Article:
FICTION “sucks” when a writer bases it on his own life.

Such is the belief of Filipino-American writer and Fulbright scholar Ringhardt Zamora Linmark, who became a new leading writer of Asian-American literature when his first novel, Rolling the R’s, was released by Kaya Press of New York in 1995. Linmark said letters taught him to separate himself from his work.

“Don’t impose your life on a page unless you’re writing a memoir,” Linmark said. “If you do that, it’s going to come out contrived,” he said.

Migrating to Hawaii with his family at the age of nine, Linmark set his novel in Kalihi, a real Asian-American community in Hawaii, where the lives of immigrant fifth graders are caught in a whirlwind of ethnic intrigue, homosexuality, sex escapades, and pop-culture fandom.

Linmark had previously tackled the immigrant issues in a lecture at UST two years ago. In his talk about his experiences as a Literature student in America, he disclosed how he, as an aspiring Filipino writer reared in Western culture, struggled to express these issues.

But because of the so-called Filipino resilience, Linmark did not stop with mere attempts. Although he originally had no intention of getting published, his efforts eventually led to the birth of his works in the melting pot of Asian-American literature.

Navigating continents in fiction

In his second visit to the Faculty of Arts and Letters last Aug. 25, 10 years after Rolling the R’s was published, Linmark said he could not have written the novel if the memories of his first visit to the Philippines in 1991 had stopped haunting him.

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“You want to forget the chaos and cliché snapshots of a city ravished by poverty… but the dreams of it didn’t want to let go,” he said.

He said his graduate thesis adviser in Hawaii had advised him to go back, saying, “dump what you don’t need there, and then write everything else.”

Determined to come up with a story different from his own, he came back to Manila in 1993, and became convinced that it was still his home.

“You’re a Filipino, steadfast, stoic, often willing to bend, yet remain unbreakable,” he said.

After his three-month visit, he went back to Hawaii to write about a list of characters disguised as him, “imagined or otherwise,” in the person of Lily Beth, a drag queen; Imelda Marcos, who would come back to Manila to compete with Cory Aquino for the “Weeping Widow of All Weeping Widows” title; and even a fictionalized version of the late director Lino Brocka.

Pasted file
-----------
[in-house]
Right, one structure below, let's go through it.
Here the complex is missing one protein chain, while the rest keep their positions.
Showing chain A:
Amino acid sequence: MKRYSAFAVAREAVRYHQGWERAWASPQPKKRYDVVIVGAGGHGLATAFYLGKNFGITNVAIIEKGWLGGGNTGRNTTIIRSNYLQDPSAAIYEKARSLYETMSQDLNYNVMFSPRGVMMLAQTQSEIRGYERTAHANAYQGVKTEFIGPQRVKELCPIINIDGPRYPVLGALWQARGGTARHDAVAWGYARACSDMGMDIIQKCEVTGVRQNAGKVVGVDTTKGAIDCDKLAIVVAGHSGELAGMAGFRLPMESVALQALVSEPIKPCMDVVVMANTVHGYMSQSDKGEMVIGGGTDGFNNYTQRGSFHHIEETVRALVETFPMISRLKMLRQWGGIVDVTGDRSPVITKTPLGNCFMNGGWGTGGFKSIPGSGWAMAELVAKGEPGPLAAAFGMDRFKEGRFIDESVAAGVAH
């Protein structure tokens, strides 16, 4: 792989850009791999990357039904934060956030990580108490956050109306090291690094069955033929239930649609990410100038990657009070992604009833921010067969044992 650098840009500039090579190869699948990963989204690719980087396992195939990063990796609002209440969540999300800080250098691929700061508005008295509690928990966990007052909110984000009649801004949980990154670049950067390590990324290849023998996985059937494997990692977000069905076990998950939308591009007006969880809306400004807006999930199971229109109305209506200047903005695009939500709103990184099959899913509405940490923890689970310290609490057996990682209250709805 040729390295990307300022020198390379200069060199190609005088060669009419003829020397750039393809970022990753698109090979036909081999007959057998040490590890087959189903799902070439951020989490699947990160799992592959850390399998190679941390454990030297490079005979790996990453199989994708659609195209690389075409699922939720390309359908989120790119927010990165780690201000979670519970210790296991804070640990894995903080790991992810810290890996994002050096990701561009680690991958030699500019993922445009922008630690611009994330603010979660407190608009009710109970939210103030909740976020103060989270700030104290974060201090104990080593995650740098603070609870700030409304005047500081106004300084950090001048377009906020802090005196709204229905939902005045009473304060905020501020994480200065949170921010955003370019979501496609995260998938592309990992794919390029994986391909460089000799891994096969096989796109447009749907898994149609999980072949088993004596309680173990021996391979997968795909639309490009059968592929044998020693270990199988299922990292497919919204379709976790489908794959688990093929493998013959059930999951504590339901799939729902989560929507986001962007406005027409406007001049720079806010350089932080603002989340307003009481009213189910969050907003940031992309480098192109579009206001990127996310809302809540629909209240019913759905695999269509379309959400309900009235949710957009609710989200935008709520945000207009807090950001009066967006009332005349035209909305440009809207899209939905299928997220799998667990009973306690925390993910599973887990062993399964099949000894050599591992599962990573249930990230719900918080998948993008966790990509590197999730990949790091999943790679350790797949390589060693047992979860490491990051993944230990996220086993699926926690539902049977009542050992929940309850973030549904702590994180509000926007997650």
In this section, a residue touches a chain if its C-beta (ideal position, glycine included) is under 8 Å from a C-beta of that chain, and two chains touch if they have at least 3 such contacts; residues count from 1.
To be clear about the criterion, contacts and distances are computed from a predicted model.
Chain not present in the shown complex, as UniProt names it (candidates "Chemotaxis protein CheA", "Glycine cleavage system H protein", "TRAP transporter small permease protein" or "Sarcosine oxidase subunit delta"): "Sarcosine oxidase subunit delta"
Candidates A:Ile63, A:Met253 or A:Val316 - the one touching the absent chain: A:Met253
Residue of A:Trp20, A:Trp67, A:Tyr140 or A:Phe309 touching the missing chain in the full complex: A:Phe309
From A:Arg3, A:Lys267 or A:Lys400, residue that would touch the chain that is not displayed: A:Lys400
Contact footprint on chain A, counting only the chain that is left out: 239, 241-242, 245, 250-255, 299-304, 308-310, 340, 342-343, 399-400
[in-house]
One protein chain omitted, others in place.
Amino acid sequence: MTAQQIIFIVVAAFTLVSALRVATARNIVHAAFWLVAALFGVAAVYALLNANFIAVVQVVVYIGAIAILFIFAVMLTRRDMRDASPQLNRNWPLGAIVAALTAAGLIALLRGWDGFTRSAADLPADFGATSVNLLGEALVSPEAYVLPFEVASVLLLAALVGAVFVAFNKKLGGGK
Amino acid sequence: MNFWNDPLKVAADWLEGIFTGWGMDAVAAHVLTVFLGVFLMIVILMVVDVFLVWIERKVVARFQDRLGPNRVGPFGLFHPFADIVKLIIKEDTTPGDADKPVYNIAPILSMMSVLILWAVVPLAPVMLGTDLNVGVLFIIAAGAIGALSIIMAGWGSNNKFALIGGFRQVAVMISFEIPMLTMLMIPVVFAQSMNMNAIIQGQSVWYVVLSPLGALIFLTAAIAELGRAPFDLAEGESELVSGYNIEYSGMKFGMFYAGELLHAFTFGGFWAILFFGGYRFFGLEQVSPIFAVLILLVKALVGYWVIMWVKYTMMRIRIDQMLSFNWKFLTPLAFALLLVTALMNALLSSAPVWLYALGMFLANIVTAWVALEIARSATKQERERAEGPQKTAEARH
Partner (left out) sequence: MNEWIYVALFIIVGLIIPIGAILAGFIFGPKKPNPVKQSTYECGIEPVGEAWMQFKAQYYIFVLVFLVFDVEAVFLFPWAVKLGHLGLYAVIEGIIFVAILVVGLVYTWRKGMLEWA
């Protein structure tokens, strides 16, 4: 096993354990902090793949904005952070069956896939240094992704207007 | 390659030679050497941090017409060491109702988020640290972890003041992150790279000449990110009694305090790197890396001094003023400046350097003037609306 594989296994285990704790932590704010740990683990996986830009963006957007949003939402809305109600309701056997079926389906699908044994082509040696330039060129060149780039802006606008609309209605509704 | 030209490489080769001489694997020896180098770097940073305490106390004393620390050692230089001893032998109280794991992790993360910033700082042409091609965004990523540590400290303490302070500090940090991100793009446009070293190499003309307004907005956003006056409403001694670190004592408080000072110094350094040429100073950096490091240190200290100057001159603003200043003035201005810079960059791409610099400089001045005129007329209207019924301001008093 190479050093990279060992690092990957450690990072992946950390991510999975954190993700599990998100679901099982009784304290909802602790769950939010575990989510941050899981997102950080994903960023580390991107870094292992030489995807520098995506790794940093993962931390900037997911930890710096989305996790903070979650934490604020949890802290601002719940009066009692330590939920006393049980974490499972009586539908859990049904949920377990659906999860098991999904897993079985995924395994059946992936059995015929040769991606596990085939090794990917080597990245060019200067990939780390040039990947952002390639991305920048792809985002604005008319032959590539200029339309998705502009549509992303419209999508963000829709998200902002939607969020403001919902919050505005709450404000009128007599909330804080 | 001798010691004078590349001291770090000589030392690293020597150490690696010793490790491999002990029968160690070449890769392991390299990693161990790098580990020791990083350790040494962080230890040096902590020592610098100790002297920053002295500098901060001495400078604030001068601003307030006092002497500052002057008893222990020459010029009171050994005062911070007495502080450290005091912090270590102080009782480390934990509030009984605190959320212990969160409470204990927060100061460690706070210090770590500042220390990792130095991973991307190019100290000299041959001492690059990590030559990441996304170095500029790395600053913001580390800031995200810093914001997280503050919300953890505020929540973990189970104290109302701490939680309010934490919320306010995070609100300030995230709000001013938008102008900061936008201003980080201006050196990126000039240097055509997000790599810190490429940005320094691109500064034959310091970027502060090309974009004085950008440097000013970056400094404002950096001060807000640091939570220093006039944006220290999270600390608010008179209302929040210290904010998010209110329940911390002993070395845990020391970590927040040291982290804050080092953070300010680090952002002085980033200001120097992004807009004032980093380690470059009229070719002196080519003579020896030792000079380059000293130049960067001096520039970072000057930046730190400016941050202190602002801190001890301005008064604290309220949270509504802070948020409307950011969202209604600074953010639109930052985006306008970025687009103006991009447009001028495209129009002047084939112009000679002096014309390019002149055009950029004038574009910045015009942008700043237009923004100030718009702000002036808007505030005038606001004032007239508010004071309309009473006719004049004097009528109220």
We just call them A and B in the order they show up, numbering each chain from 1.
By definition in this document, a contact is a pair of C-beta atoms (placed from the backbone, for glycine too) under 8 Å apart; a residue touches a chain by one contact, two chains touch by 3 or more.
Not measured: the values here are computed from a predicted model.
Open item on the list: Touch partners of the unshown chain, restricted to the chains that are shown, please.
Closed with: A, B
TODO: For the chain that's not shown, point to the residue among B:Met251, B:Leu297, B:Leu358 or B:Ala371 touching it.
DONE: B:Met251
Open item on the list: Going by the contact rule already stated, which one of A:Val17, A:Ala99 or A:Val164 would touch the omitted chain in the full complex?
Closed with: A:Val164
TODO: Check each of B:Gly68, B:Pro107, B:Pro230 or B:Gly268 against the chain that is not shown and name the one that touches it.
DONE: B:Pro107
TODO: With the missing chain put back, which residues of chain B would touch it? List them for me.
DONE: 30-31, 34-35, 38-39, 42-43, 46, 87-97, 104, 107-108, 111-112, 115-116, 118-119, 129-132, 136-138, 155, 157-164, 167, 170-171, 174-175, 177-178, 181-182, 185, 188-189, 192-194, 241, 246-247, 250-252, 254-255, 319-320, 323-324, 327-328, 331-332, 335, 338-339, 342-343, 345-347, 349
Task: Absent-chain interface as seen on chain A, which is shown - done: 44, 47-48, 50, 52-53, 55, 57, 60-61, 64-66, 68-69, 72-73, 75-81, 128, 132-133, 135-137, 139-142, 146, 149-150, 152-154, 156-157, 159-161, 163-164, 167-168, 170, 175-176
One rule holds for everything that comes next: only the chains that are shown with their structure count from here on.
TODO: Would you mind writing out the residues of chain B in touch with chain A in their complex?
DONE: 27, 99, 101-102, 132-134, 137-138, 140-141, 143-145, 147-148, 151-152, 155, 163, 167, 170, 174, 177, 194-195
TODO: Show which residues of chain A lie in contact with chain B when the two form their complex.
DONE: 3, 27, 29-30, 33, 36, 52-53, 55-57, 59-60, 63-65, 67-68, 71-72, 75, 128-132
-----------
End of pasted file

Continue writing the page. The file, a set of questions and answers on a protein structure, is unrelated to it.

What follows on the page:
But what came out when he sat down to write was the story of Edgar Ramirez, a fifth grader who “played lollipops and roses” with the school custodian in the mop room, while his best friend, Vicente de los Reyes, watched the “after-school special” from the keyhole.

As he wrote it, he realized that he was writing about a life he wished he had lived when he migrated to Hawaii, rather than the childhood he left behind in the Philippines.

Coming out

However, his “Filipino-ness” did not disappear as easily as his personality did in his writings. This was evident when he turned to the works of Latin-American writers Julio Cortázar and Gabriel Garcia Marquez, whom he considers his influences.

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But before he studied literature, Linmark tried other majors—communications, French, journalism, and theater. Of all these other fields, it was theater which stayed with him until now, showing itself clearly when he animatedly read samples of his work.

“I can never rub off the theater major in me,” he said. “But since I could not relate to the American monologues and dialogues given to me, my drama professor suggested I sign up for creative literature.

“Write your own monologue (he said),” Linmark quipped—which he did, at the age of 20.

Eliminating the “I”

Even if he had to “kill” himself in his fiction, however, Linmark agreed that memory must also accompany imagination in writing. This rang true in Linmark’s depiction of life and pop culture during the 1970s, which he had experienced.

“If there was anything autobiographical about the book, it was the pop culture element, because I grew up with those,” Linmark said.

The fifth-grade barkada of Edgar, Vicente, Katrina Cruz, and Florante Sanchez idolized and imitated the singer Donna Summer, “Charlie’s Angels”, and actors Scott Baio, Farrah Fawcett, and John Travolta.

When it came to language, Linmark mixed English, Spanish, and pidgin English, the language spoken by Filipinos and non-native English speakers in Hawaii. Pidgin English, a language Linmark himself speaks, showed the defiance of the characters to teachers who insisted that they speak straight Anglo-American English. But everything else about him had disappeared from the story.

“The story does not want you, for you are not as important as you think you are,” Linmark said. “(You) are only a secretary to a force greater than your lunacy…an interpreter of lies, your own passion and hunger, solitude and dreams, designs and disillusionment, an examiner of your own contradictions. Such is your so-called unremarkable existence.”

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